Before watching the movie:
No, it’s not about the band, but it did inspire the name. George C. Scott plays a modern-day man who believes he’s Sherlock Holmes, hence the Don Quixote reference title.
I think it’s time I admitted I have a problem where it comes to Sherlock Holmes stories, but I’m interested in seeing what George C. Scott does with the role.
If the poster image this week looks cheap and slapped together, it’s because it’s from the DVD release. I try to pick a poster version most faithful to the theatrical release, but I found that one far too nonindicative. The same could probably be said for last week’s.
After watching the movie:
Justin Playfair, retired judge devoted to fixing the world, had a nervous breakdown after the death of his wife and permanently adopted the persona of Sherlock Holmes. A year later, his brother Blevins finds himself being blackmailed, and schemes to get the payoff money by having Justin committed and taking his. The psychologist who examines him is fascinated by his case of “classic paranoia” and devotes herself to studying and hopefully healing him. Justin wants nothing to do with it, until he finds her name is Doctor (Mildred) Watson. Instead of bringing him to the institution, Mildred finds herself caught up in Justin’s delusional trail of clues which he believes will lead him to a confrontation with Moriarty, the party responsible for all the injustice in the world, and the pair develop a romance on the run from legitimate and corrupt authorities.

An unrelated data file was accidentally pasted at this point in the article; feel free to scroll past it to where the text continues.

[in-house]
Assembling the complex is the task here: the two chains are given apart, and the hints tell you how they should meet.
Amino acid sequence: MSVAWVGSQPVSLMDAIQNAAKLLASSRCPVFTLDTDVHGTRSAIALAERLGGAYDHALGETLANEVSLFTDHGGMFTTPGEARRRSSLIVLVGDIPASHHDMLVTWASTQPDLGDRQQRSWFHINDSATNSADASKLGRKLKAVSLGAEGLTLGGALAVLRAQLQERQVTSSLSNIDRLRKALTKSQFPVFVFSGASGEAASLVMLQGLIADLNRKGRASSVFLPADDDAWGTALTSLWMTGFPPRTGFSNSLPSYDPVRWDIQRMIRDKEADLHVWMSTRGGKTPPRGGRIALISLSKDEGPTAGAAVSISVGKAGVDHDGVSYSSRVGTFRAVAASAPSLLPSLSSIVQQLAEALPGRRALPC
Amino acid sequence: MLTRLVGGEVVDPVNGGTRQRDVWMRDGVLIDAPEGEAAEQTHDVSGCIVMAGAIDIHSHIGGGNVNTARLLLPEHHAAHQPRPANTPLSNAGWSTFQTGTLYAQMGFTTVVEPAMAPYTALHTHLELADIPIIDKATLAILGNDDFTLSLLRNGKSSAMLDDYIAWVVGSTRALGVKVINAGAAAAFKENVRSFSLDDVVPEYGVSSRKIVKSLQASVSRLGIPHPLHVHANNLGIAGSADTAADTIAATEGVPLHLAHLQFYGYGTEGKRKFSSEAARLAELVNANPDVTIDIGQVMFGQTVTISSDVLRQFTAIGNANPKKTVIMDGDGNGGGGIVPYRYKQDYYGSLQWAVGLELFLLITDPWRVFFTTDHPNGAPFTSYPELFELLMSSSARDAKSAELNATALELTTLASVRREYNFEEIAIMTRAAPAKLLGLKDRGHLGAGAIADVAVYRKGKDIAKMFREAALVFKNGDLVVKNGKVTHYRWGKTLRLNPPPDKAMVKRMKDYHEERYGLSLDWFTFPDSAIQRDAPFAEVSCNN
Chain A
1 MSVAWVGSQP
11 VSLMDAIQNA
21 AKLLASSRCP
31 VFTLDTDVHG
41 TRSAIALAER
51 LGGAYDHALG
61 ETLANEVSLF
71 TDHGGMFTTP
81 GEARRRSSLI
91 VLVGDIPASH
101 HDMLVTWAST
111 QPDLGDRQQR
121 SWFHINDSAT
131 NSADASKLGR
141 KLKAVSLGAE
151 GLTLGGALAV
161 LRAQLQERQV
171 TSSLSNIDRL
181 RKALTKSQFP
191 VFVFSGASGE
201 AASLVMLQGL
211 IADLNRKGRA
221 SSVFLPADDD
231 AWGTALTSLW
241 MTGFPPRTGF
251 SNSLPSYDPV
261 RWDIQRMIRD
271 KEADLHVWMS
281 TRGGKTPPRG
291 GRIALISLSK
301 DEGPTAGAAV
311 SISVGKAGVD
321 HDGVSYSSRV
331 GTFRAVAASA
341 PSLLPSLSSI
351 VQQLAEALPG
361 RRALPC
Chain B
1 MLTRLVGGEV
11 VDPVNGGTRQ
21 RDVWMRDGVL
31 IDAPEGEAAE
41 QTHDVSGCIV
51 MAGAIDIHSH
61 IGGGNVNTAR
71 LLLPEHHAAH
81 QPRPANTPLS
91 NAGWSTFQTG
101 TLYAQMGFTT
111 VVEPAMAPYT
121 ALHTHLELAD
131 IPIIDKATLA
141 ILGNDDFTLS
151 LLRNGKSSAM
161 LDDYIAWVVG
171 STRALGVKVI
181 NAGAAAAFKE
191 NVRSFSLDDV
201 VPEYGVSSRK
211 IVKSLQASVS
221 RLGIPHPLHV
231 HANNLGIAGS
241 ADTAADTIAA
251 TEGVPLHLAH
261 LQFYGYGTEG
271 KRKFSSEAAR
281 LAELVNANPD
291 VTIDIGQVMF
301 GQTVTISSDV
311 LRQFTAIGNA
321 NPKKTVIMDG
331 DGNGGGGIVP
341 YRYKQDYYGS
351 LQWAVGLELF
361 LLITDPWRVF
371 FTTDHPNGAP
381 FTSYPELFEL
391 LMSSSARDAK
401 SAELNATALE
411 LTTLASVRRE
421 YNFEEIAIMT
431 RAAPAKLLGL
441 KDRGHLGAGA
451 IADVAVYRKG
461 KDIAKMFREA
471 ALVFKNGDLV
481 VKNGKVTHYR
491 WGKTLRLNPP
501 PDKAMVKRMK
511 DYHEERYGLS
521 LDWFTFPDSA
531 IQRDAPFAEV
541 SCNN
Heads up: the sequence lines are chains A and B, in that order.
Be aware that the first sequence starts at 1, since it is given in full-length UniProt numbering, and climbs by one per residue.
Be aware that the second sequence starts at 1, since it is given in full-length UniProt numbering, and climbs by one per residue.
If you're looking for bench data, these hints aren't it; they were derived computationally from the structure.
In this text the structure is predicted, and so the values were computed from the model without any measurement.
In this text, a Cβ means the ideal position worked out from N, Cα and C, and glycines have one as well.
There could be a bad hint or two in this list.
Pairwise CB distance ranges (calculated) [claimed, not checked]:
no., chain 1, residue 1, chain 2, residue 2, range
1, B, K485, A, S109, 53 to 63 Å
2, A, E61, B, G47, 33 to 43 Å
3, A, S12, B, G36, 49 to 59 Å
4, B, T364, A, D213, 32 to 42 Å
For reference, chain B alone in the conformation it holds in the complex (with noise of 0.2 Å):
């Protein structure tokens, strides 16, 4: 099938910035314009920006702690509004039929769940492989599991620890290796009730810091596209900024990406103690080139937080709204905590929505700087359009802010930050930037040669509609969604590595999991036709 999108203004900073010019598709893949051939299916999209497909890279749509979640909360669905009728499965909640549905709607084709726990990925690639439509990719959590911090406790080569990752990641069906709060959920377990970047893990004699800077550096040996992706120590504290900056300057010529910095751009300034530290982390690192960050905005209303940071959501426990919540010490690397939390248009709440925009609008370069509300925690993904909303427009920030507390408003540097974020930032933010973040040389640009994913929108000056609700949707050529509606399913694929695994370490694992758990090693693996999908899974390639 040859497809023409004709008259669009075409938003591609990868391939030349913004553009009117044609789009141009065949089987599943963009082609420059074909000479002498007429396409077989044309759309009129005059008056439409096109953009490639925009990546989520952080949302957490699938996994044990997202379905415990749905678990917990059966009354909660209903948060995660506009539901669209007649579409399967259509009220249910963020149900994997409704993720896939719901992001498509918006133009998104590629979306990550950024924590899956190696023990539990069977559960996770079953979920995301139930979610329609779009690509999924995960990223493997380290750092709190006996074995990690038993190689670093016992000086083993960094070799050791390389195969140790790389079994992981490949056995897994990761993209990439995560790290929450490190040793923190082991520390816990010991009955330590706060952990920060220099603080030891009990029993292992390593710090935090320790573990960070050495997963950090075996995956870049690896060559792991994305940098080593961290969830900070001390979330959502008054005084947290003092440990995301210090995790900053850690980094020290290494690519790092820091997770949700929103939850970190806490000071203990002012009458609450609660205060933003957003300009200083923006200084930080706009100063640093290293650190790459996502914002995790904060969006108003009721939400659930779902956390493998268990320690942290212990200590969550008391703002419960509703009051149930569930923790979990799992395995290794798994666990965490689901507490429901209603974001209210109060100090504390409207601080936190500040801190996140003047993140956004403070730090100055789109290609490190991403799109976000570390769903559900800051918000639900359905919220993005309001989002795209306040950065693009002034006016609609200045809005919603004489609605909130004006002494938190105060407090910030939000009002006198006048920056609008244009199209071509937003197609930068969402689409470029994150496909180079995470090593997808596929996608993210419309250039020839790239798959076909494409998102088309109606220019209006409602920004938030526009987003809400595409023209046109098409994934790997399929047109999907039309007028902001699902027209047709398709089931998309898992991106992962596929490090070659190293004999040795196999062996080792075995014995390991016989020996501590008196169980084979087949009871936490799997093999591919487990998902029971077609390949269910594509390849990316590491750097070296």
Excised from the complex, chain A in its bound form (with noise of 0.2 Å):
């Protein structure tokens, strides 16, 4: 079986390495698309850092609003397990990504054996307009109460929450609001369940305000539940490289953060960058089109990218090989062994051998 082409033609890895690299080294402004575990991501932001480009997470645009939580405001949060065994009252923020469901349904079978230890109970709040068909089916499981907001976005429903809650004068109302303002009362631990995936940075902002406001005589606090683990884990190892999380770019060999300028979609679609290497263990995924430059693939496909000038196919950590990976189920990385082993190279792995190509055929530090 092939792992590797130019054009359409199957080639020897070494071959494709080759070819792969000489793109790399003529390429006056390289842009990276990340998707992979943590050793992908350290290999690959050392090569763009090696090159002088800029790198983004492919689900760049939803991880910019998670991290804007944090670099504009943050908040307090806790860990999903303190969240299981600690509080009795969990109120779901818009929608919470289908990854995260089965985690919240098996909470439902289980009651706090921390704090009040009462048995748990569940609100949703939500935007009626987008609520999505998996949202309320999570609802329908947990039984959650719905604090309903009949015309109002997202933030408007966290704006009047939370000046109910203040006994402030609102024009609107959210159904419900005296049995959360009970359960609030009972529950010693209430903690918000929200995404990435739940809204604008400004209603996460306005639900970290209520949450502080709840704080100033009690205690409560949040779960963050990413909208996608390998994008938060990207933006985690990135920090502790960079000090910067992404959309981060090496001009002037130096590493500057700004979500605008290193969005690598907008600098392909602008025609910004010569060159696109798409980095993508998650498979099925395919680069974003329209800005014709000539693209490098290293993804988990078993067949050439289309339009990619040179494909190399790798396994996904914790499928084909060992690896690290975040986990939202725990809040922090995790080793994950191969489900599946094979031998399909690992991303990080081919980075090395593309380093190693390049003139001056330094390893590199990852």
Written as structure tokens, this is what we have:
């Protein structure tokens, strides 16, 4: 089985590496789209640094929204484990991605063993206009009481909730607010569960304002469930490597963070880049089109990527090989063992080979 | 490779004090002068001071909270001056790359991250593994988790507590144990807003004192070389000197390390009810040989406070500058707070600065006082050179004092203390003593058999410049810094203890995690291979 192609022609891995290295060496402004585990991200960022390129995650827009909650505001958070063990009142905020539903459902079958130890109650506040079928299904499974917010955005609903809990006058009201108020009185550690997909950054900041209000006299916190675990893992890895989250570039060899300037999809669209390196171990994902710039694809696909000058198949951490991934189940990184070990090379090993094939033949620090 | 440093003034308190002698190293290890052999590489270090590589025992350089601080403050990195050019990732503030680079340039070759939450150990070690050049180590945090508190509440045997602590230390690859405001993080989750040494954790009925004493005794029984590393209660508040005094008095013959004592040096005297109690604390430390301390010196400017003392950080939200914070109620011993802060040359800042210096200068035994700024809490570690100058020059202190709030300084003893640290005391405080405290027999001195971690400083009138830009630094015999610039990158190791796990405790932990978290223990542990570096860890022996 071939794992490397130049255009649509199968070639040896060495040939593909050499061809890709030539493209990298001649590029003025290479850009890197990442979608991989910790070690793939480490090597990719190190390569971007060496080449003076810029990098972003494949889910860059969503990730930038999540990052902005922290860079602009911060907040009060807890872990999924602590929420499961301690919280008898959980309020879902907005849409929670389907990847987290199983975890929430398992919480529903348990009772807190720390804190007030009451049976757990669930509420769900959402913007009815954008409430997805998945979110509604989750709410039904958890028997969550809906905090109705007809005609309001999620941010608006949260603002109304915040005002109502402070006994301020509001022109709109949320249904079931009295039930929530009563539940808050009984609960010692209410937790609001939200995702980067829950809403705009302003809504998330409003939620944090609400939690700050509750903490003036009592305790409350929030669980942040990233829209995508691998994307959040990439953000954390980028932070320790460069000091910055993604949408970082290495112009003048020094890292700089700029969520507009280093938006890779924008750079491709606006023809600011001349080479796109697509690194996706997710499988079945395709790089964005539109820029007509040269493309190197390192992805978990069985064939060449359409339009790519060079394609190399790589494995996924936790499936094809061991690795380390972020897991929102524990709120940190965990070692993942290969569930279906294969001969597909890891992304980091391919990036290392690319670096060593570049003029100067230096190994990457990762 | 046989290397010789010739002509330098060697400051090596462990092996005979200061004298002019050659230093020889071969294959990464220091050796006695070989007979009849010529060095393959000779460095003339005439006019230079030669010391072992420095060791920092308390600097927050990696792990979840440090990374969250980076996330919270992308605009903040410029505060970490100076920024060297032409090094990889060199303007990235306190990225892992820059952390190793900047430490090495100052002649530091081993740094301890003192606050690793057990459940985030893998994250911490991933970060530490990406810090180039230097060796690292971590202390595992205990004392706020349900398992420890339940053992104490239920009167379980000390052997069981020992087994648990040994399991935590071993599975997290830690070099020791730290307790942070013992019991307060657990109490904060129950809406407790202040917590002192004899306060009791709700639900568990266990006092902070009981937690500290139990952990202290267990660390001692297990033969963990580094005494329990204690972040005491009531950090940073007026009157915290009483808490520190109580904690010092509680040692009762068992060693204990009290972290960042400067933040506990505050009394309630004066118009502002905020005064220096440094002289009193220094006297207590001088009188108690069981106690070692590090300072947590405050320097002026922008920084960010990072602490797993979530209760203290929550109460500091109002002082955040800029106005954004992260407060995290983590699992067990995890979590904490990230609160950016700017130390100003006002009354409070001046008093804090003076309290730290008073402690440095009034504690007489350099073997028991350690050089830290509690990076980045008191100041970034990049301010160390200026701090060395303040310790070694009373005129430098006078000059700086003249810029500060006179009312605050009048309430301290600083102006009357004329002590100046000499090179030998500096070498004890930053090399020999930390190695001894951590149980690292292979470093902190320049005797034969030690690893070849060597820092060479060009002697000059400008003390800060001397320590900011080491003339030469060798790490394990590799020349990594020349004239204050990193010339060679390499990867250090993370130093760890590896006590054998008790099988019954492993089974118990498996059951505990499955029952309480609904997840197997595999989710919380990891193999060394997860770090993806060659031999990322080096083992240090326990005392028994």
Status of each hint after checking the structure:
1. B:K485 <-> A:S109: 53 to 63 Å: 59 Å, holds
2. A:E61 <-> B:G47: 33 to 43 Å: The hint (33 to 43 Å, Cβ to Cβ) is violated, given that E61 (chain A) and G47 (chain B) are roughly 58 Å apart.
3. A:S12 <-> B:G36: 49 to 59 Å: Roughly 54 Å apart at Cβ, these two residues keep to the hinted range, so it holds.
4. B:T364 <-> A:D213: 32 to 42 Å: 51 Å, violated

I’m not sure if this is a sneaky comedy or a half-formed one. The overall tone got me to the point where several scenes surprised me by making me laugh, or making me realize I’d been grinning at the events for several minutes. When it works, it works really well, but there’s a lot of connecting tissue that (usually) has to be there to carry the plot, but slows it down enormously. This may be a holdover from the play it was adapted from. However, I don’t think the talkiness is necessarily a bad thing. There are several philosophical speeches about the nature of reality versus idealized imagination which I feel are mostly effective.
Early on in the film, I wasn’t sure if Scott’s Playfair/Holmes was supposed to be considered less insane than the other characters treat him or not. He displays fantastic observation and deduction ability, deflects sanitarium orderlies without breaking stride, and is at all times helpful and dignified. But as the story progresses, the cracks appear. His “clues” get more and more haphazard, he endangers himself and others in the pursuit of these clues, and his obsession with “Moriarty” supersedes all logic and common sense.
I was expecting a typical end. As Playfair’s madness became more dangerous, I was hoping to see Mildred temper it into a form that could be celebrated, and then he would recognize his brother as his Moriarty or something. The actual conclusion was philosophical, more disturbingly surreal than the rest of the film, and experimental. I get preoccupied with trying to figure out what “really” happened, but keep reminding myself that the reality is supposed to not be as important as what the characters believe is happening.
Watch this movie: as a modern existentialist take on Don Quixote with everyone’s favorite detective.
Don’t watch this movie: for easy answers or snappy pacing.